Ghana can expect to continue to gain from the longer-term impacts of past and ongoing improvements in its fundamentals, but these promise at best a modest if steady contribution to growth in GDP per capita. Their contribution may also slow as some important past sources of productivity growth run out of steam as, for example, the possibilities for further land expansion for agriculture. If Ghana is to sustain or even accelerate its average annual GDP per capita growth rate of 2.8 percent, then the country will need to do a better job of tapping into the benefits of structural change, and this requires policies that can generate more rapid growth of sectors that can achieve a) high levels of labor productivity relative to traditional agriculture, and b) absorb lots of workers from lower productivity sectors like traditional agriculture. While the oil and mining sectors will provide an important, if volatile, source of GDP growth, and they have high labor productivities, they are not likely to create much additional employment on their own. Although with the right industrial policies and investments, there is scope to use these sectors to help diversify the economy into more upstream and downstream industries. Other promising possibilities for creating productive employment lie in expanding and improving the more productive parts of the agricultural, manufacturing, and services sectors. Not only is there a growing national demand that offers new market opportunities in these sectors, but with increasing regional economic cooperation, Ghana should be able to increase its exports into the West African regional market.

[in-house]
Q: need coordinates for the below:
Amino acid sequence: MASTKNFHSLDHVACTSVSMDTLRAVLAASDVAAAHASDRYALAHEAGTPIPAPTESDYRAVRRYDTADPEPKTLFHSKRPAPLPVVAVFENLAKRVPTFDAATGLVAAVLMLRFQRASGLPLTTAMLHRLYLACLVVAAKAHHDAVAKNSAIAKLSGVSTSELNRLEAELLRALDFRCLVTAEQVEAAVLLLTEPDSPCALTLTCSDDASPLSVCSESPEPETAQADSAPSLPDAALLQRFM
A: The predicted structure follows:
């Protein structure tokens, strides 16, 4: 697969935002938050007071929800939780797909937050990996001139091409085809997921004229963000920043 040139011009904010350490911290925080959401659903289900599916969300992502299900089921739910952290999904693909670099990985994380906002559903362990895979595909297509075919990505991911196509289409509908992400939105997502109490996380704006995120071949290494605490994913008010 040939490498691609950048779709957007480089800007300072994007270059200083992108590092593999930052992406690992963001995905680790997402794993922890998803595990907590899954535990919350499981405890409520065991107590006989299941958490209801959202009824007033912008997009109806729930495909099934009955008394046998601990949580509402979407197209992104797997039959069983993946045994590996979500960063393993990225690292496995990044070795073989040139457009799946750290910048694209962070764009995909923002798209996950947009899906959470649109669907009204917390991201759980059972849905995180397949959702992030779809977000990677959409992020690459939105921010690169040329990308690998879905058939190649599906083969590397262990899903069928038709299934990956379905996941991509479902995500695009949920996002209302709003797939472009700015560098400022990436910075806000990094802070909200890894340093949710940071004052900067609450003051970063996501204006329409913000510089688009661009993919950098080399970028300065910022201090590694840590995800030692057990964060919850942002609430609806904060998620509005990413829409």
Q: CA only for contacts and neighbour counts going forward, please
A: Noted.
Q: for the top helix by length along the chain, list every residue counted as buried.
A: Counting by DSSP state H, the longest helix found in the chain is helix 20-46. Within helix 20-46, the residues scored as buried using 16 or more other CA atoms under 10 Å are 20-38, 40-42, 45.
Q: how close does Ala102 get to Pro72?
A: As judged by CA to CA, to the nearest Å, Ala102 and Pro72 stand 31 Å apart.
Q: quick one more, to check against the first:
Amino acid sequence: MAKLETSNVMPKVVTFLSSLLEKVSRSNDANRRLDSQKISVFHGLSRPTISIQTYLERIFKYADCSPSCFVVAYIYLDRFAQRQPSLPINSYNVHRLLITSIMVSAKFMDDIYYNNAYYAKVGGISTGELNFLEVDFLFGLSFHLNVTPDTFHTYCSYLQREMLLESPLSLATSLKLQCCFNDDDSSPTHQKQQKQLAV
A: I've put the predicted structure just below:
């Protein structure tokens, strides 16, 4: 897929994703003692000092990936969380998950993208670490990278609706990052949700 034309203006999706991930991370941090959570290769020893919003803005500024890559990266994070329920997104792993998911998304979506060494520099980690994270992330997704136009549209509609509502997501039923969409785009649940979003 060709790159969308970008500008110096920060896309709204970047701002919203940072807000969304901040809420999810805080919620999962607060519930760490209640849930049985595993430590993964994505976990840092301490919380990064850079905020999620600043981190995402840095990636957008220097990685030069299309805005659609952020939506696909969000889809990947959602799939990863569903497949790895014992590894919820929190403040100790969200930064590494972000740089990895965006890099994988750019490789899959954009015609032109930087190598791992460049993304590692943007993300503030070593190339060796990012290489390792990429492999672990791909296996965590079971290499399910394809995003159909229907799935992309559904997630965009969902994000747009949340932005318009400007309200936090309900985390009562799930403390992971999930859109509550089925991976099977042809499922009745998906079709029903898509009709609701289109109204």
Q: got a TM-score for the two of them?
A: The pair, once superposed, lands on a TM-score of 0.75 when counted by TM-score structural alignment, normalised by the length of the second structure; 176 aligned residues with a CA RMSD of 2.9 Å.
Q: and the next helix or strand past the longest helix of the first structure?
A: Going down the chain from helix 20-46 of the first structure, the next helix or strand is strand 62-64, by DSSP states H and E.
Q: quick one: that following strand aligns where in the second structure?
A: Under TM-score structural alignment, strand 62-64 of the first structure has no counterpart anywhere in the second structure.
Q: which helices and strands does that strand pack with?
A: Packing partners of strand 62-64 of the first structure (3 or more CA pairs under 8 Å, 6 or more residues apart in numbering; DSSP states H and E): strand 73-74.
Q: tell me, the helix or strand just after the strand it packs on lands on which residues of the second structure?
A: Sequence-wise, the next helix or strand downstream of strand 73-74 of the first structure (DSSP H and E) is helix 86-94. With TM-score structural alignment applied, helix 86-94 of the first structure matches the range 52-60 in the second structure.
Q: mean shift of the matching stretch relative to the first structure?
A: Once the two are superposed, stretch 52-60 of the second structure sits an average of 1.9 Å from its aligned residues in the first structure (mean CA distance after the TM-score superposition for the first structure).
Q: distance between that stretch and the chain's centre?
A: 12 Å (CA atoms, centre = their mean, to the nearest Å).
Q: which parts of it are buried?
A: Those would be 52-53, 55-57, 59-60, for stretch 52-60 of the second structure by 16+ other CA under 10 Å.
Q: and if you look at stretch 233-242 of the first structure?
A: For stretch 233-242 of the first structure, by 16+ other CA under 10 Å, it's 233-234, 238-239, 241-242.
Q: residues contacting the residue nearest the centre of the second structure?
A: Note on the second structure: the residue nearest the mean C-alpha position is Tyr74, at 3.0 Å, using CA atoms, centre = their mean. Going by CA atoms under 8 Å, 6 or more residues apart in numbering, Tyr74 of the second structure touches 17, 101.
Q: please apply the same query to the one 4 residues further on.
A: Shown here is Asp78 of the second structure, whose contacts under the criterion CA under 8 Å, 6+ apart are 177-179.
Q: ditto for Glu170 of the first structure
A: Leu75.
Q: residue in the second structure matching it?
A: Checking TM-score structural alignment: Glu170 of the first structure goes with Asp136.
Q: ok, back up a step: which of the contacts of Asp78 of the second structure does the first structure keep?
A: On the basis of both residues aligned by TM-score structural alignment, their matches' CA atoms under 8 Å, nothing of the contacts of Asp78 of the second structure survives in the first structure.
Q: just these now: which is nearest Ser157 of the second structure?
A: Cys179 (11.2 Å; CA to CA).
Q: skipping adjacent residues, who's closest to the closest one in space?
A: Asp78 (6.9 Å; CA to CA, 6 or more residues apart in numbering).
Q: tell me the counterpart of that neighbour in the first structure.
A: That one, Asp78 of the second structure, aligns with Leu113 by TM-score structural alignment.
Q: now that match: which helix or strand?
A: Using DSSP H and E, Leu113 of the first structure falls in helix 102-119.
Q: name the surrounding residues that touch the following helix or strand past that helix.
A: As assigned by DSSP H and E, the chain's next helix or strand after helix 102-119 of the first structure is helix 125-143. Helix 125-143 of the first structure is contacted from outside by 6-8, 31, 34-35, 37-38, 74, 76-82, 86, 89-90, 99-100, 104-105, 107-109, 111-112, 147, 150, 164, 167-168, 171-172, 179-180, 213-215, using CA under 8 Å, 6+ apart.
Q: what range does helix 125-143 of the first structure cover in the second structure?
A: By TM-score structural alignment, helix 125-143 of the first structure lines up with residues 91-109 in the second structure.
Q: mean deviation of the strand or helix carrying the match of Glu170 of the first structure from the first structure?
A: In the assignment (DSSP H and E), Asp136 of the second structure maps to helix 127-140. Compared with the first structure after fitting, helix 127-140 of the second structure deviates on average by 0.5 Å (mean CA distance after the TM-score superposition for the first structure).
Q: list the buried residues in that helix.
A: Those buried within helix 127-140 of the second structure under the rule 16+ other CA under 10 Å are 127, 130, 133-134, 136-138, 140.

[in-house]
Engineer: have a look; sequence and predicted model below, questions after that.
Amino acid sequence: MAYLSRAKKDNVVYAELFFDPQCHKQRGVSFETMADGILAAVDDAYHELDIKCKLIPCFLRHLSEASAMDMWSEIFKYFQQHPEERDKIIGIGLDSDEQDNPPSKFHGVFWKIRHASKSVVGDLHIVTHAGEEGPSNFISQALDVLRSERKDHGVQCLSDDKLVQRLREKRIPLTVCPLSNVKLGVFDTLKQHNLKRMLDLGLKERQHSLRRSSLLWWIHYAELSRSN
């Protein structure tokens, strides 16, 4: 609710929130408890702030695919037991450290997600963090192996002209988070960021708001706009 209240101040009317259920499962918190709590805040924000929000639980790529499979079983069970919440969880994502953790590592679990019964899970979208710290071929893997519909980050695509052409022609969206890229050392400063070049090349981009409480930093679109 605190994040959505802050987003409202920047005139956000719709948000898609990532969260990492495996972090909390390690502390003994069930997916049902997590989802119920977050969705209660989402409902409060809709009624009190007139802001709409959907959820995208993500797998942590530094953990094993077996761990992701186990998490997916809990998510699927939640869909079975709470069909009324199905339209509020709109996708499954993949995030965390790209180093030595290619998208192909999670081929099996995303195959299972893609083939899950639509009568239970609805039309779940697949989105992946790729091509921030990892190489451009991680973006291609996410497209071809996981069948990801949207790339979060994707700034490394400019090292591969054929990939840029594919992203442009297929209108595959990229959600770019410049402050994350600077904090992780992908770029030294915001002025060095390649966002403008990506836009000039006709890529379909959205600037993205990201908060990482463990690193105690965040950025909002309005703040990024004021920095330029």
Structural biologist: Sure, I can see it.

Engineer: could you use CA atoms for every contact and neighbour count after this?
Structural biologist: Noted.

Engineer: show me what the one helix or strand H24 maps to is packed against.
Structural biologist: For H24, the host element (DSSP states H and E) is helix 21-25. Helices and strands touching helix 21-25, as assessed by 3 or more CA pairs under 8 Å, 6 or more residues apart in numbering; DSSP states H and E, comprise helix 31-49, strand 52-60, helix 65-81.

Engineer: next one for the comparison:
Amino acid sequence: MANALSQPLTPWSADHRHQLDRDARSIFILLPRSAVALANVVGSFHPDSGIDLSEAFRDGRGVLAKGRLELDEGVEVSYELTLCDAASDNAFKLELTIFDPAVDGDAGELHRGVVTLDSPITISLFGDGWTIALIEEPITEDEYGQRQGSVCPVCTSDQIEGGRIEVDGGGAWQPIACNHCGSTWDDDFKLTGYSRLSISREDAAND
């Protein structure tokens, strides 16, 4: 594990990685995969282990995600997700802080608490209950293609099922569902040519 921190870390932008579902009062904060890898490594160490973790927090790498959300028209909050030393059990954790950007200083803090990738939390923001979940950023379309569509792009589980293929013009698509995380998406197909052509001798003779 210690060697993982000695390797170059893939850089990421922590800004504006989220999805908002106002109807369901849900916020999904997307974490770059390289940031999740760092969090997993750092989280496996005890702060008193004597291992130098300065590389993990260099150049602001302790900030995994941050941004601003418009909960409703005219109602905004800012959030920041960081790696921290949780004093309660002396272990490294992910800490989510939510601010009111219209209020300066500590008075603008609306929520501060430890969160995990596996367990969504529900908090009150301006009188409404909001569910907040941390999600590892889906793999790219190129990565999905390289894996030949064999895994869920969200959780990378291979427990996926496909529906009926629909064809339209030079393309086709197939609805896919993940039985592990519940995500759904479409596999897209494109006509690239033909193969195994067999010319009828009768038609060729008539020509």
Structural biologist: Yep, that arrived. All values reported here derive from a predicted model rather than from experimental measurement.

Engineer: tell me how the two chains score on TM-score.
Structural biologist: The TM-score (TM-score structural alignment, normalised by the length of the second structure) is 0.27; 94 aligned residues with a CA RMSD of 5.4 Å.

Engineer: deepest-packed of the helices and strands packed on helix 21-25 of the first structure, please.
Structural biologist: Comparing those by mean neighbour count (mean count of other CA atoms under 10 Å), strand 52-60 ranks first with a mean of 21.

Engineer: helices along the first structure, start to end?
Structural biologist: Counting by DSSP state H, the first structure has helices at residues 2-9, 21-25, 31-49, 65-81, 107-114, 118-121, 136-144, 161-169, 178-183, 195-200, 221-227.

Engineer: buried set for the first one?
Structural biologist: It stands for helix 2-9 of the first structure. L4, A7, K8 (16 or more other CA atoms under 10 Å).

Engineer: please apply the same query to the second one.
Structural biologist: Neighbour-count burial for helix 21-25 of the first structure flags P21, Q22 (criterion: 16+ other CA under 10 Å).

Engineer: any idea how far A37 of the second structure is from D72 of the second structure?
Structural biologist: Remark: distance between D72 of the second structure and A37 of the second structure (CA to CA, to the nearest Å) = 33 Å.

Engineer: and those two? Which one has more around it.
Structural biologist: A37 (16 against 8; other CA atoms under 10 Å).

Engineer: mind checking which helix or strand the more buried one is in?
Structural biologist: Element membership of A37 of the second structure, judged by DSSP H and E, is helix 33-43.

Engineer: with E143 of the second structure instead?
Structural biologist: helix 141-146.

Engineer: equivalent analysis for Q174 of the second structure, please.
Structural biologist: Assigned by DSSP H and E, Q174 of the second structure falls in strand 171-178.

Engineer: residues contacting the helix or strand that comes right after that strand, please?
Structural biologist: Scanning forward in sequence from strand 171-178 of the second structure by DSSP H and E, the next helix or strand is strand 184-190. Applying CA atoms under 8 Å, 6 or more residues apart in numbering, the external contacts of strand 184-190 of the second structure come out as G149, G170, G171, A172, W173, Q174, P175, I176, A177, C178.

In Rodrik’s scheme of things, structural change led by improving such sectors requires a more proactive development state approach to drive it, and not just a focus on fundamentals. Ghana’s earlier attempts to develop specific sectors through government-led initiatives like the ISI industrialization (p.46) program failed badly. The relevant questions now are: a) whether there are better policies available today that might successfully drive lead sectors, and b) if so, does the government have the inclination or capacity to deliver on such an agenda? These questions are addressed in subsequent chapters, with special emphasis on the agricultural and food sectors.